The rights of De La Beckwith

FORGIVE me if I don't lose any sleep over the constitutional rights of Byron De La Beckwith.

It took three trials for a jury to find De La Beckwith guilty of killing Medgar Evers in Jackson, Miss., June 12, 1963. Many legal experts believe the conviction will be reversed on the grounds that he was denied his constitutional right to a speedy trial.


But if anyone is overdrawn at the Bank of Constitutional Rights, it's one Byron De La Beckwith. Those shedding tears now over some perceived violation of his rights would do well to dwell on this. They would also do well to consider that the men who wrote the Bill of Rights assumed that the playing field would be level. In the Mississippi that Medgar Evers struggled to change, the playing field was anything but level. His murder was only the most prominent of scores of cases in which whites murdered blacks with impunity.

Myrlie Evers, the widow of Medgar Evers, wrote a book in 1967 called "For Us, the Living." In it she described the virtual carte blanche given to Mississippi whites to murder and abuse blacks whenever they chose. She included in the partial list of victims:


* Lamar Smith, shot to death on August 17, 1955, in broad daylight in Brookhaven, Miss. Smith's offense was registering to vote.

* Emmett Till, who was only 14 years old when he was bludgeoned and shot to death in the summer of 1955 by two white men who objected to his whistling at a white woman. Mrs. Evers says it was her husband who helped bring nationwide publicity to the Till case and graphically show the nation how Mississippi justice operated at the time. (The two men who murdered Till -- J.W. Milam and his half-brother, Roy Bryant -- got a double benefit from the horrendously skewed state justice system. They were acquitted and then paid by Look magazine to describe how they committed the ghastly crime.)

* The Rev. George Lee, killed May 7, 1955, in Belzoni by a shotgun blast as he drove his car. He, too, was a registered voter.

* Clinton Melton, shot to death Dec. 8, 1955, in Glendora. His offense seems to have been just being there.

None of these cases resulted in convictions, and in some there were no arrests. And they are only a representative sample. Mrs. Evers provided a more detailed account in her book, which should be required reading for anyone interested in the civil rights era and, apparently, for defense lawyers in general, who at times seem not to understand why the Bill of Rights was drafted.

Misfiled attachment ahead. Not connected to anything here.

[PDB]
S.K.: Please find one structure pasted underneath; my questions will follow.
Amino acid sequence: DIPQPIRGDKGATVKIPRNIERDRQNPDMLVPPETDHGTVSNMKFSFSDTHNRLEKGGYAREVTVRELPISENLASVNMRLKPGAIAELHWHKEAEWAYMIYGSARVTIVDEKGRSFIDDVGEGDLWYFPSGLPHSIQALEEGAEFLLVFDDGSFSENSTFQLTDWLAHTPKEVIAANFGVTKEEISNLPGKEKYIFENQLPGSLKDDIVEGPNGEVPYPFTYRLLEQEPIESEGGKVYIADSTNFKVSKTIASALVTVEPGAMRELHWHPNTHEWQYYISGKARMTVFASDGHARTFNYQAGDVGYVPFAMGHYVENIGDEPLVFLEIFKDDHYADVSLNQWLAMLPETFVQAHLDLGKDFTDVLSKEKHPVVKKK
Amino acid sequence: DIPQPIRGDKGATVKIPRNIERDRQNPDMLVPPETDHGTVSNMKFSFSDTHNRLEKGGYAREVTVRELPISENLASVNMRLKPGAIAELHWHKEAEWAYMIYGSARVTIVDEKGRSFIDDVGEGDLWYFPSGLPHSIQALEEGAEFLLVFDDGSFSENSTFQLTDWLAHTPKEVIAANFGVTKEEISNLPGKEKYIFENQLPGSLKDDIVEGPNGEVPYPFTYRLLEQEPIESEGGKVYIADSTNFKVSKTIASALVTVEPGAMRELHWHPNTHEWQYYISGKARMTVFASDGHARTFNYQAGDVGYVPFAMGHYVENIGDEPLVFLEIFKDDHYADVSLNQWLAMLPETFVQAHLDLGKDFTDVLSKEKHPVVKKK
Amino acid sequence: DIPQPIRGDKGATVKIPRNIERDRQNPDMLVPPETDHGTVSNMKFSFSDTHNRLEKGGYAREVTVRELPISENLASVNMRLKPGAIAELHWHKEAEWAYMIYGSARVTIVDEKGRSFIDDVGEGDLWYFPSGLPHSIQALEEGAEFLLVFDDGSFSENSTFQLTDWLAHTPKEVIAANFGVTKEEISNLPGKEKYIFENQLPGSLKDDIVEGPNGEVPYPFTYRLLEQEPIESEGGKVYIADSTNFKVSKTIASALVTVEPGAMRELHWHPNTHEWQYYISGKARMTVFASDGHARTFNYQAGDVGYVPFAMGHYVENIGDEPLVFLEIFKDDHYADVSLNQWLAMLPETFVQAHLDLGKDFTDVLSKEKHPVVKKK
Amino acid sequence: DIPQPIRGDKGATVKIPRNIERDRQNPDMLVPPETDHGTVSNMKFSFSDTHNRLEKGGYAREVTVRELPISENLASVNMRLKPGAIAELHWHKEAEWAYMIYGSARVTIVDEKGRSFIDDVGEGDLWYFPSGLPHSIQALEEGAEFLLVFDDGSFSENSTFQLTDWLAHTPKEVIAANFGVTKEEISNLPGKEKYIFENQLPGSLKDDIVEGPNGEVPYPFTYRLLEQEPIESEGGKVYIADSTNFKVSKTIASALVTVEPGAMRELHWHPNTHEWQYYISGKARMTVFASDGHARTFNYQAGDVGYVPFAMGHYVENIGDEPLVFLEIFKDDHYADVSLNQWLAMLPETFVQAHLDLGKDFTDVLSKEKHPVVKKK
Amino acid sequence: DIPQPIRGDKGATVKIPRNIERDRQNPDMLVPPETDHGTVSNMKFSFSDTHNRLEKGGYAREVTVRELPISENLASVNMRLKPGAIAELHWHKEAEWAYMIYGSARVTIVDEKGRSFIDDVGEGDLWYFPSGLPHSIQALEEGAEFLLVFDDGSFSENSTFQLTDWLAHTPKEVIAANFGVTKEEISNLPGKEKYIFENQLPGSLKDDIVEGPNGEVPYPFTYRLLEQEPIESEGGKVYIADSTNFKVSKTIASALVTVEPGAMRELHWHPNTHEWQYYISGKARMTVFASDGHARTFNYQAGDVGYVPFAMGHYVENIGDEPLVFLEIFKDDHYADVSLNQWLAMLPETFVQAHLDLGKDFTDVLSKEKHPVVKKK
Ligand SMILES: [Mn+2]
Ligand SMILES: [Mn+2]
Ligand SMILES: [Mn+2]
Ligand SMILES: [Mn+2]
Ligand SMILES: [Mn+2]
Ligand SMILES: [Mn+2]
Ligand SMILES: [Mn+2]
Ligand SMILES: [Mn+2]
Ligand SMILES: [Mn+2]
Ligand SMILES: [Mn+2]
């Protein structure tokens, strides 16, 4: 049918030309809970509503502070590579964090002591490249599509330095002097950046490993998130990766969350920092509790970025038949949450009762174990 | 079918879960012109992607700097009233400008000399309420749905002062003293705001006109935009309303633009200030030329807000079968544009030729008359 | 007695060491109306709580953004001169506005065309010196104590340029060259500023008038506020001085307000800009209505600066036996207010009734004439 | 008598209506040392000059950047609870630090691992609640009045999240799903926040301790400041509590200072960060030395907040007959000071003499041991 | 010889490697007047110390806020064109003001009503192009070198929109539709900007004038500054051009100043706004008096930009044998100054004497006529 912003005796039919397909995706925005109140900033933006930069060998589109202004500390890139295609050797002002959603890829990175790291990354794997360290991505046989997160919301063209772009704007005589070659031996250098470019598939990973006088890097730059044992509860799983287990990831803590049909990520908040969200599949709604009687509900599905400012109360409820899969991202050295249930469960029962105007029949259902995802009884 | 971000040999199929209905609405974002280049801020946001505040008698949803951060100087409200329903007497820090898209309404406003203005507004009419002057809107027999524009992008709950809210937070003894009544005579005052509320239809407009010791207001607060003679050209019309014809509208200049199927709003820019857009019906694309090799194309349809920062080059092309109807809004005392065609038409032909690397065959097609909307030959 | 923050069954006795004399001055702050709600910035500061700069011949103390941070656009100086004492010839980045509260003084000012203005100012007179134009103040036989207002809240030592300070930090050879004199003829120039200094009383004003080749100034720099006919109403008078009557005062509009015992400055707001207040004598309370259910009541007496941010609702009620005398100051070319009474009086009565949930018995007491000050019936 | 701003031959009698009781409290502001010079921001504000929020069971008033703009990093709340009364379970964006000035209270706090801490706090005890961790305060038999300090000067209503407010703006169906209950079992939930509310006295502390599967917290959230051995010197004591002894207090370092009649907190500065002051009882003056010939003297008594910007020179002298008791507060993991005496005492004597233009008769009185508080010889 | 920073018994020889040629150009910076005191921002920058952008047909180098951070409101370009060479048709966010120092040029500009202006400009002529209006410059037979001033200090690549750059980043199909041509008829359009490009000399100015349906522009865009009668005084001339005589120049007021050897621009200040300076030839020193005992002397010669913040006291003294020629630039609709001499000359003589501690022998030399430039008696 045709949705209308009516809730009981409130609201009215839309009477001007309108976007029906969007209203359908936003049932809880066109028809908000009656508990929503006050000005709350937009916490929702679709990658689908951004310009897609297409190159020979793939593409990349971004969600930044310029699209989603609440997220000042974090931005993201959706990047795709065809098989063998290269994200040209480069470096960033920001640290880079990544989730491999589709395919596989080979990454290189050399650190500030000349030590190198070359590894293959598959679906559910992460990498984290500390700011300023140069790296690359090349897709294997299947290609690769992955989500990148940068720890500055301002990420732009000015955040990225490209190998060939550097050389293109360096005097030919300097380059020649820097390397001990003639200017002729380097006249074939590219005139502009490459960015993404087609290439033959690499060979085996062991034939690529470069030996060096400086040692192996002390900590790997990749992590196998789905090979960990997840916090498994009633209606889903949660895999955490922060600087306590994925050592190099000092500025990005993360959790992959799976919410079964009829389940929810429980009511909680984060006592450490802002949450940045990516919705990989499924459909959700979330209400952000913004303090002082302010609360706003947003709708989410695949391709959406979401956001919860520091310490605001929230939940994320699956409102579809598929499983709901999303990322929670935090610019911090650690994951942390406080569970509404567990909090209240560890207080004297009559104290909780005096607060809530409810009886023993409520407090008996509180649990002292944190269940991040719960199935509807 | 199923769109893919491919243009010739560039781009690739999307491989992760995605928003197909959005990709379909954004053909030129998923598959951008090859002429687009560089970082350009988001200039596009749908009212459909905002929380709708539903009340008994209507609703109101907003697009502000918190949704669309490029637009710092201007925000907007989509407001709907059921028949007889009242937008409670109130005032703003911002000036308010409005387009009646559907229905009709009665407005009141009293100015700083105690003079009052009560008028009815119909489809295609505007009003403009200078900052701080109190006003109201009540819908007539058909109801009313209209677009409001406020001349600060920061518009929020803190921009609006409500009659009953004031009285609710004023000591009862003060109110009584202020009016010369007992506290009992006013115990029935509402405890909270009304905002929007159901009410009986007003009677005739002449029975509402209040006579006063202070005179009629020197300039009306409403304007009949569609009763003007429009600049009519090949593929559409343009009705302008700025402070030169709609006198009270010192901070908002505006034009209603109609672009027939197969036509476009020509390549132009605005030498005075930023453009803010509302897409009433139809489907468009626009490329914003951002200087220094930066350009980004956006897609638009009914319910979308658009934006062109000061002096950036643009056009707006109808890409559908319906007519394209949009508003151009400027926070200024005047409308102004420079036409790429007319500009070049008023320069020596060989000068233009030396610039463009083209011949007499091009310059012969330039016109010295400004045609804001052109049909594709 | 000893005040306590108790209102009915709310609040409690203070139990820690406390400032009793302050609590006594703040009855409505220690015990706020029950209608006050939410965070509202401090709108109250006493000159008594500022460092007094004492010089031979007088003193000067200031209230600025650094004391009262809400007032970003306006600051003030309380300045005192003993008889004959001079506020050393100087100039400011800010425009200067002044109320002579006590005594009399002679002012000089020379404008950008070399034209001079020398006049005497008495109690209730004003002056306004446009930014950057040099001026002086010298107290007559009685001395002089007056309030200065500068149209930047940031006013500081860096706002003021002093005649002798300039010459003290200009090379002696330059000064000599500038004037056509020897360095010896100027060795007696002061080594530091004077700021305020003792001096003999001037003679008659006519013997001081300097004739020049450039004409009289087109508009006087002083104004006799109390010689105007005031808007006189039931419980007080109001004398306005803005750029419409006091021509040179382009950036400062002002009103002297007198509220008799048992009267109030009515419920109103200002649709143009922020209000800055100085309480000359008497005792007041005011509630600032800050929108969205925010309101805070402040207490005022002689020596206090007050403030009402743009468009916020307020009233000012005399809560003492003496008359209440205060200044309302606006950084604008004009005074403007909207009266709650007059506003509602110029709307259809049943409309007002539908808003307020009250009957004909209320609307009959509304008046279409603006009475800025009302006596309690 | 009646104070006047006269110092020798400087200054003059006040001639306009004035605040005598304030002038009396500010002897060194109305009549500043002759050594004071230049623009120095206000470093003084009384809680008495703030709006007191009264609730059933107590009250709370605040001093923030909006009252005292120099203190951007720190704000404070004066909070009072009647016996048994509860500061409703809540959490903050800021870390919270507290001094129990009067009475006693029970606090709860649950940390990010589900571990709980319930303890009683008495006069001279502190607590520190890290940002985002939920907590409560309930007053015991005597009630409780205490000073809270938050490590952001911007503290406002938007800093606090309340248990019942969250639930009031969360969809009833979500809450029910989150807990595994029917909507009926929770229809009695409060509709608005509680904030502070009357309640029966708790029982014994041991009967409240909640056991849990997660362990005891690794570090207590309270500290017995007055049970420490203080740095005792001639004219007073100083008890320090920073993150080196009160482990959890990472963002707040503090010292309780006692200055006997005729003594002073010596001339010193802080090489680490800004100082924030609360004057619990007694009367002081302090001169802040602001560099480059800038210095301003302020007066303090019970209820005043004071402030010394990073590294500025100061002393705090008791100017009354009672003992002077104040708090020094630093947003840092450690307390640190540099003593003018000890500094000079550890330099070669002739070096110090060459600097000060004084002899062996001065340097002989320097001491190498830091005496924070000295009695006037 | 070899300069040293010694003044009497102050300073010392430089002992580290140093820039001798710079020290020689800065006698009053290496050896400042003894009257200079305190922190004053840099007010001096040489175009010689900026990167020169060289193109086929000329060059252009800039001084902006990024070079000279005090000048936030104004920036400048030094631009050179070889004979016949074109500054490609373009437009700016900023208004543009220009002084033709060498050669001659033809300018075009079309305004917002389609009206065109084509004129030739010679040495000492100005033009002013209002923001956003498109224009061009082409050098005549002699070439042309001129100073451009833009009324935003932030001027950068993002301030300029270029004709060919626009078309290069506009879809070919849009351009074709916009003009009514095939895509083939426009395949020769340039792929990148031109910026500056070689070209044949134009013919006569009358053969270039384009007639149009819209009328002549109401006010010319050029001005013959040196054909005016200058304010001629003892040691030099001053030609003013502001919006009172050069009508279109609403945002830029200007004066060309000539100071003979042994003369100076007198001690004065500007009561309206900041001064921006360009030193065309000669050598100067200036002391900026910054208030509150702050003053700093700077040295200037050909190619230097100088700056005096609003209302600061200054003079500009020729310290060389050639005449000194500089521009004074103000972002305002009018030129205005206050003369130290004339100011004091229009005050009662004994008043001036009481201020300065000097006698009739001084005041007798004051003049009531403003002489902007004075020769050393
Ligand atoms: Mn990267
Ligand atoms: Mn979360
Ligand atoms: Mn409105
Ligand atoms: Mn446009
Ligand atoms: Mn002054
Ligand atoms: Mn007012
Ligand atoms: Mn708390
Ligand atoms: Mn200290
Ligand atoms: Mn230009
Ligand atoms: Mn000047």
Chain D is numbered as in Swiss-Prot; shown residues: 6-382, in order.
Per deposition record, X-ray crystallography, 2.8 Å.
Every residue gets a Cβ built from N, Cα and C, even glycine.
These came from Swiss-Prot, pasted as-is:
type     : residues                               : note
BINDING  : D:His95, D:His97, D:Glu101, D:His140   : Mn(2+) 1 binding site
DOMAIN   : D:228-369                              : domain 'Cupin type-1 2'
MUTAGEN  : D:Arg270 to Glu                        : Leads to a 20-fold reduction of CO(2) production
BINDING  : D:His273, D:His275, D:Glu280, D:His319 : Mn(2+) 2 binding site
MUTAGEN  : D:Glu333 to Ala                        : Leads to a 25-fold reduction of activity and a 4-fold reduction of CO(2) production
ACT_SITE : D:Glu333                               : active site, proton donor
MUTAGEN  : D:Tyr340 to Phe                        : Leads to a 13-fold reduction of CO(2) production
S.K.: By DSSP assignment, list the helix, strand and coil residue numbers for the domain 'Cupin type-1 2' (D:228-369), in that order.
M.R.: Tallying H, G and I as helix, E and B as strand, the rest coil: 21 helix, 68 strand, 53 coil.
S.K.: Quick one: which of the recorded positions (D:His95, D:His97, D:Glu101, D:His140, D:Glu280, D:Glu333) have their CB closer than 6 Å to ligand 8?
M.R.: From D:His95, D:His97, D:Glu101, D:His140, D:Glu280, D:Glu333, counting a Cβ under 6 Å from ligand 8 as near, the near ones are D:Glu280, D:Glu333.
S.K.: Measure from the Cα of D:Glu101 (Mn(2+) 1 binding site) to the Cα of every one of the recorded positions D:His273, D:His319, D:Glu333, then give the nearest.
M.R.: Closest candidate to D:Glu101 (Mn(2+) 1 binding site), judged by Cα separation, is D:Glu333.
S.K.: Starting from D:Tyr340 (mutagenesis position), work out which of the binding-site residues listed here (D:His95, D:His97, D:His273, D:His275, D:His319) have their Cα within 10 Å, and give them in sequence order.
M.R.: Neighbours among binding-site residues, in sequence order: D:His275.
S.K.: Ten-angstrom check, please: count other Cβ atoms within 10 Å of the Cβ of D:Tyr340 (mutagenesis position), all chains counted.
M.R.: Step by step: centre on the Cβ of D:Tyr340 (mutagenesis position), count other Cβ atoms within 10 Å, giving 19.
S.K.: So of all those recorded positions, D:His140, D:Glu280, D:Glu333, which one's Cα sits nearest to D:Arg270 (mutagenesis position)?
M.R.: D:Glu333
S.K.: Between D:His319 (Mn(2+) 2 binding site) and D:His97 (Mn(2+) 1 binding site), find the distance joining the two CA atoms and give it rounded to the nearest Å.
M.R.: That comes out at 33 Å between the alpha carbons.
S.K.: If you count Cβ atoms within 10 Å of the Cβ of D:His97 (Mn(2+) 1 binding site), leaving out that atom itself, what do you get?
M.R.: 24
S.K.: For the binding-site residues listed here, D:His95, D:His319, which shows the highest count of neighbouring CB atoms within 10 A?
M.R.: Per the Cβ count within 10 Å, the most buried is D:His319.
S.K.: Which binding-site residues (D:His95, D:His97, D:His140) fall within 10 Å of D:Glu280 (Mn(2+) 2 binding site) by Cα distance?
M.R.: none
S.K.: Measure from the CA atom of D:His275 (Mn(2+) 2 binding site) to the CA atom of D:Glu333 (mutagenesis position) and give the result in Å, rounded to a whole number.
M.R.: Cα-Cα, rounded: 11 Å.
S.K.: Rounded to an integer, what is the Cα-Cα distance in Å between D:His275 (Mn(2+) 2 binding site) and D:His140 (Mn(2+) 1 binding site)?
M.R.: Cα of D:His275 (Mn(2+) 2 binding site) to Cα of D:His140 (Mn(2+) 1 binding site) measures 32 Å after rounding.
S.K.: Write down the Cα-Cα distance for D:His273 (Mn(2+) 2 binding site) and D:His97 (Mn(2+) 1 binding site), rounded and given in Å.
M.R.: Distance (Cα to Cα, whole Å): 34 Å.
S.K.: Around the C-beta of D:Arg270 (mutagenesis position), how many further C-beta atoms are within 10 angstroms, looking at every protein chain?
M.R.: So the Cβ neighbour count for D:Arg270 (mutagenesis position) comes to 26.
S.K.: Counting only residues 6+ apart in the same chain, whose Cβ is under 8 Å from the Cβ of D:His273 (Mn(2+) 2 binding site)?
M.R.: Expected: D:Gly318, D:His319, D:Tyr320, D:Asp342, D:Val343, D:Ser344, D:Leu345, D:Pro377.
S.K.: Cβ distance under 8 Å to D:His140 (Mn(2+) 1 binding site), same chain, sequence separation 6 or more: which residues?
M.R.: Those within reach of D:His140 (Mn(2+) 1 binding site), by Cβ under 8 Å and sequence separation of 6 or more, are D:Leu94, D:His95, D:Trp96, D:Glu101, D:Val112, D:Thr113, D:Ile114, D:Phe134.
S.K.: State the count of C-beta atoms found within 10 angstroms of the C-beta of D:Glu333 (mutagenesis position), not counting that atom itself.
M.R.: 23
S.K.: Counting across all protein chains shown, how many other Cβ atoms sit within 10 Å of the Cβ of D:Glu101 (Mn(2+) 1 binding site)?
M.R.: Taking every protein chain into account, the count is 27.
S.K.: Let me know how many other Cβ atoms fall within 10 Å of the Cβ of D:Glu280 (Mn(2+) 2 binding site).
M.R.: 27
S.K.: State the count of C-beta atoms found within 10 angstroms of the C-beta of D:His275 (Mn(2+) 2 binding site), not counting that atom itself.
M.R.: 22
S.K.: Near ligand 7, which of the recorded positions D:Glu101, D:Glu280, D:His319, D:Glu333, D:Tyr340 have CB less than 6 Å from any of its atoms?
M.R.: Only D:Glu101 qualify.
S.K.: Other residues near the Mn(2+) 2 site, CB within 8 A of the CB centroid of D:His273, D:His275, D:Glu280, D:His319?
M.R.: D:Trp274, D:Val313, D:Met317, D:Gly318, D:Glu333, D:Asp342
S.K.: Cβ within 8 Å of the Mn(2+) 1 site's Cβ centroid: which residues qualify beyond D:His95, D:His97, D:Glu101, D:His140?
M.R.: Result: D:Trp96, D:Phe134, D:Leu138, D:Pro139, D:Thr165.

The amendment guaranteeing a speedy trial was clearly intended so that innocent people, too poor to make bail, would not languish in jail awaiting trial. That is clearly not the case with Byron De La Beckwith. Except for a brief jail term not related to the Evers murder, he has been free as a jaybird for 31 years. So boldly did he revel in his arrogance and the old Mississippi justice system that, according to prosecutors, he couldn't resist the urge to brag about killing Evers.

Now his lawyers and others would have him go free -- yet again -- on what amounts to a very flimsy legal technicality. Maybe Myrlie Evers and her children -- who watched their father die -- can convince them that for years the state of Mississippi perverted the very meaning of the Bill of Rights. Maybe they can convince them that ours is not a perfect world.

In a perfect world, Byron De La Beckwith goes to jail back in 1964. In a perfect world, Medgar Evers doesn't get shot. But this isn't a perfect world. It is one in which Byron De La Beckwith should pay the price for murdering Medgar Evers.


Gregory P. Kane is a reporter for The Baltimore Sun.